Public/Private Partnerships 101:

Lessons about management and negotiation

Urbanist Article


Mission Bay is a 303-acre site a long walk south of the Financial District, bounded by the bay, Highway 280, Townsend Street and the Caltrain commuter train tracks on the north and Mariposa Street on the south. The site is fill, and at one time Mission Creek ran through the site all the way to Mission Dolores. Catellus Development Corporation, the offspring of Southern Pacific and Santa Fe Railroads, owned about two-thirds of the acreage, with the remainder held by the city as streets and by Esprit de Corps clothing company and the Cambay Group. Four previous development schemes had come and gone prior to the Brown administration, distinguished by such features as highrise office towers and canals. The most recent plan had been approved by the city in 1991 and was quite likely dead on arrival. Catellus had paid an enormous price in exactions for what they thought they needed in certainty. In retrospect, what they needed more than certainty was flexibility. They committed to housing and childcare payments, affordable housing site donations and off-site low income housing fees, a job training program, and the posting of a $30 million “financial assurance”—“equivalent in liquidity and value to cash” prior to any exploration for toxics in the soil. At that time, it proved impossible to obtain such a commitment. In addition, they were to be permitted only to develop market rate housing as non-profits built affordable housing, but no subsidy source for the affordable housing was identified.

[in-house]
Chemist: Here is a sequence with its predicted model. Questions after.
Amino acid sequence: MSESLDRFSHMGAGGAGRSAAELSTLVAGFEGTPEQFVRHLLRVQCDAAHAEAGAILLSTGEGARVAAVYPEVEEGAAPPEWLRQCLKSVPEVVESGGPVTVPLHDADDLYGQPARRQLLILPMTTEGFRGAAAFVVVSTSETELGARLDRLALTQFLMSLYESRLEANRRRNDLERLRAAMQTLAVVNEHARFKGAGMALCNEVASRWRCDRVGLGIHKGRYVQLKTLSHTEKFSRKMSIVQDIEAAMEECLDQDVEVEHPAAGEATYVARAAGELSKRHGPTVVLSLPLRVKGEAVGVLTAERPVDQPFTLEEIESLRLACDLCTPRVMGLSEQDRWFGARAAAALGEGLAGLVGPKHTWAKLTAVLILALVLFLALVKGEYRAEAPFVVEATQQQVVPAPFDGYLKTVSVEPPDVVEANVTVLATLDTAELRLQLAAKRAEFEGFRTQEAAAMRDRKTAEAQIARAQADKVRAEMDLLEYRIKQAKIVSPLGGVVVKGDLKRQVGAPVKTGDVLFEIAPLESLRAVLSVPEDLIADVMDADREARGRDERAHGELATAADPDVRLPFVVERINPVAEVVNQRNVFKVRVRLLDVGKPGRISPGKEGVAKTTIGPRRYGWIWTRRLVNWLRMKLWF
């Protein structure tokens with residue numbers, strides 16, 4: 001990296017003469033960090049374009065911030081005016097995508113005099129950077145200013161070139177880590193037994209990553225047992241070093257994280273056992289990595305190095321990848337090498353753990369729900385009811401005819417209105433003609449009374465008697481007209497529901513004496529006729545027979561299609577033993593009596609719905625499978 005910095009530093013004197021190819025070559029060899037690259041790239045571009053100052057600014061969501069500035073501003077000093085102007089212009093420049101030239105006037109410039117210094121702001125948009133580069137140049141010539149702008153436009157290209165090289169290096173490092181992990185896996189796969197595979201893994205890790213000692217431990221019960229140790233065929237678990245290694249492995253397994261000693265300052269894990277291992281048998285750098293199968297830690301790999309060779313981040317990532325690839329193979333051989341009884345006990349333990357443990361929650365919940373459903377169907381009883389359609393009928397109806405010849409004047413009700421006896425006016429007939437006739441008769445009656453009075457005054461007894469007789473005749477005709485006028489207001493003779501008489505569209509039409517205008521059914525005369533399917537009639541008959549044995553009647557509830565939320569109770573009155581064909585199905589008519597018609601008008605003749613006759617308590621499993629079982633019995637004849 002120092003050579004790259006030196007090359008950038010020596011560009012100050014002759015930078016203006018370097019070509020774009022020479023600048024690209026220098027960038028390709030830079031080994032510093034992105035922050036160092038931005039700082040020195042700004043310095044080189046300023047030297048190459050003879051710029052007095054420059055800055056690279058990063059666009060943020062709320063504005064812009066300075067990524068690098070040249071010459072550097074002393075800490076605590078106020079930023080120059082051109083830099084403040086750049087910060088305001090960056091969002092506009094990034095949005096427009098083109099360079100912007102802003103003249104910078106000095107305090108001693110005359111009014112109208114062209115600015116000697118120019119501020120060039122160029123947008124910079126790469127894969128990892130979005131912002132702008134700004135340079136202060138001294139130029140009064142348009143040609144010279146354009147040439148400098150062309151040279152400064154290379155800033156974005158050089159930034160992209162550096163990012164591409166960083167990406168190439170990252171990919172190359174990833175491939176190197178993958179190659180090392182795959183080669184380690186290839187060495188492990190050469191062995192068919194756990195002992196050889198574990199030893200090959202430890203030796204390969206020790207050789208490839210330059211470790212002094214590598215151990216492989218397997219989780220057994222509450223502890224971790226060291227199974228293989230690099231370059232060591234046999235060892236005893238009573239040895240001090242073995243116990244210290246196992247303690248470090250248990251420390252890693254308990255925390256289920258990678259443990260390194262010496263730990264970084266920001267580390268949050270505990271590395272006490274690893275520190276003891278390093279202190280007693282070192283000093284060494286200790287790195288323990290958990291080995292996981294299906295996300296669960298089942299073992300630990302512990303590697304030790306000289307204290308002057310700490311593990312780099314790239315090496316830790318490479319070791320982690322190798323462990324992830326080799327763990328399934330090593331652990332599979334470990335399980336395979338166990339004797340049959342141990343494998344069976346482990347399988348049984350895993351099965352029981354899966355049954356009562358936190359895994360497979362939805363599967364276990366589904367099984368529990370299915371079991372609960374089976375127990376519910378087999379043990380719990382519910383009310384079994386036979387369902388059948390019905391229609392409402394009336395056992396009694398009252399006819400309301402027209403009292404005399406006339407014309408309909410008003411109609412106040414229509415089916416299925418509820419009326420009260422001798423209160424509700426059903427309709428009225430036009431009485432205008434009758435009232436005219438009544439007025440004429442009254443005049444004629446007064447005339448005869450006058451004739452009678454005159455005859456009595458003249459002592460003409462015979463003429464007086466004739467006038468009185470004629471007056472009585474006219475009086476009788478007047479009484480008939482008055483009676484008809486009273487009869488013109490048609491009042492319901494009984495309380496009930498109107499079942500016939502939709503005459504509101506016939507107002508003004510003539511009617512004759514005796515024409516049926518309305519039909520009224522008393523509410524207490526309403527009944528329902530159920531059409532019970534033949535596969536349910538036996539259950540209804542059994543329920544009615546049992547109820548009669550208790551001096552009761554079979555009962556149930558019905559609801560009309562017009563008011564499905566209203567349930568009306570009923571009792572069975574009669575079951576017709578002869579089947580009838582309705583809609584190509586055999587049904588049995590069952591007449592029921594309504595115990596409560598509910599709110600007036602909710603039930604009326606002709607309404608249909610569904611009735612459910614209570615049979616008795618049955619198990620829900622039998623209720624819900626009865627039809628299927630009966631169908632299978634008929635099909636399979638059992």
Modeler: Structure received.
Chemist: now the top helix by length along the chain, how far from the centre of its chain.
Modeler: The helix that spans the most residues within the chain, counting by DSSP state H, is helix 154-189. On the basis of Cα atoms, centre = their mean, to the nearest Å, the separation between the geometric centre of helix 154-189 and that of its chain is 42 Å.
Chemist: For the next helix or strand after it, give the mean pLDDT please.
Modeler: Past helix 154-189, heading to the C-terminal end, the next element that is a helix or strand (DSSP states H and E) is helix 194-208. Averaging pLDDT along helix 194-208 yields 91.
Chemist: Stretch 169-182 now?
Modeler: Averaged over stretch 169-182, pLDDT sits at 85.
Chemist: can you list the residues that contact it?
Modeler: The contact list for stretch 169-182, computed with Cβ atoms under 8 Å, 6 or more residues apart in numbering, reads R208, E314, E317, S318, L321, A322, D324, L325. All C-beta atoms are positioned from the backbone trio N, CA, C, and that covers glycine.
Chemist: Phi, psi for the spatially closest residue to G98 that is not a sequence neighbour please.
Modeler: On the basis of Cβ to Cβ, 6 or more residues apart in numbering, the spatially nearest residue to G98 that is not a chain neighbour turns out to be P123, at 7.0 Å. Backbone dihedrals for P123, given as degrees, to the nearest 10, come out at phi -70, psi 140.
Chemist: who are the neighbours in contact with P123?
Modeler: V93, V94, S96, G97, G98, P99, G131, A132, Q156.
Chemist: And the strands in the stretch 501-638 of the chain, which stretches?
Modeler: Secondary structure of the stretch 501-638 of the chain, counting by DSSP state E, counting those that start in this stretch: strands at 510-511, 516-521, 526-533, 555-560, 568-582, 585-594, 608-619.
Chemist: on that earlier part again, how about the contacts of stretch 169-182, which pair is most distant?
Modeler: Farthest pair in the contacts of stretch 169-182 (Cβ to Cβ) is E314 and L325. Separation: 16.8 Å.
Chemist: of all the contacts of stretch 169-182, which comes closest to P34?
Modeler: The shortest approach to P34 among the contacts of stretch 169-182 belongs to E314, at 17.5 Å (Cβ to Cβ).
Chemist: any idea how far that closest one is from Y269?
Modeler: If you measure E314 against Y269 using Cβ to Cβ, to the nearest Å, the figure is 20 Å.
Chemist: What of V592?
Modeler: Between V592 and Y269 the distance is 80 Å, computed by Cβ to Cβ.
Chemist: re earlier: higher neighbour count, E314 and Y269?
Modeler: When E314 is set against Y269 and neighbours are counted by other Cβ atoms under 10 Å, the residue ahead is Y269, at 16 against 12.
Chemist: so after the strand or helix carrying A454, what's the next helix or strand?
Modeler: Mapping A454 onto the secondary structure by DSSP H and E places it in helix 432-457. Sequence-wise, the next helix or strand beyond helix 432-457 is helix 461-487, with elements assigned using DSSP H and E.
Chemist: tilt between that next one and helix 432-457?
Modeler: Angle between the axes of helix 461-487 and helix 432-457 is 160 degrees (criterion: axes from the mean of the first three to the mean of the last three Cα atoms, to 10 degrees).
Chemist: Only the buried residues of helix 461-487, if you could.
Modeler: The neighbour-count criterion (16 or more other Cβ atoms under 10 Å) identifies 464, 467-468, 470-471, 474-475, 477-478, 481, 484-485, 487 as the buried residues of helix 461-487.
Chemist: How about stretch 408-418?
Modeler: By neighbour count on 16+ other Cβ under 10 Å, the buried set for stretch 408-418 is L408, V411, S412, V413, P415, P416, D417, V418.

Catellus notified the Mayor’s Office of their wish to terminate the development agreement because it was infeasible to build. A combination of new players (in the Mayor’s Office and at Catellus), a revived local real estate market, a wave of residential developments headed toward Mission Bay, and a new public attitude toward development led Catellus back with a new proposal.

The proposal contained:

• 6,000 housing units—28% affordable, with subsidies from the developer and tax increments • Almost 50 acres of new parks • A new 43-acre research campus for University of California’s medical school • 900,000 square feet of retail space • 6,000,000 square feet of new commercial space—a mix of office, research and development, and multimedia uses • A 500 room hotel, new police and fire station, and public school • Virtually all new infrastructure— streets, sewers, lighting, trees, etc.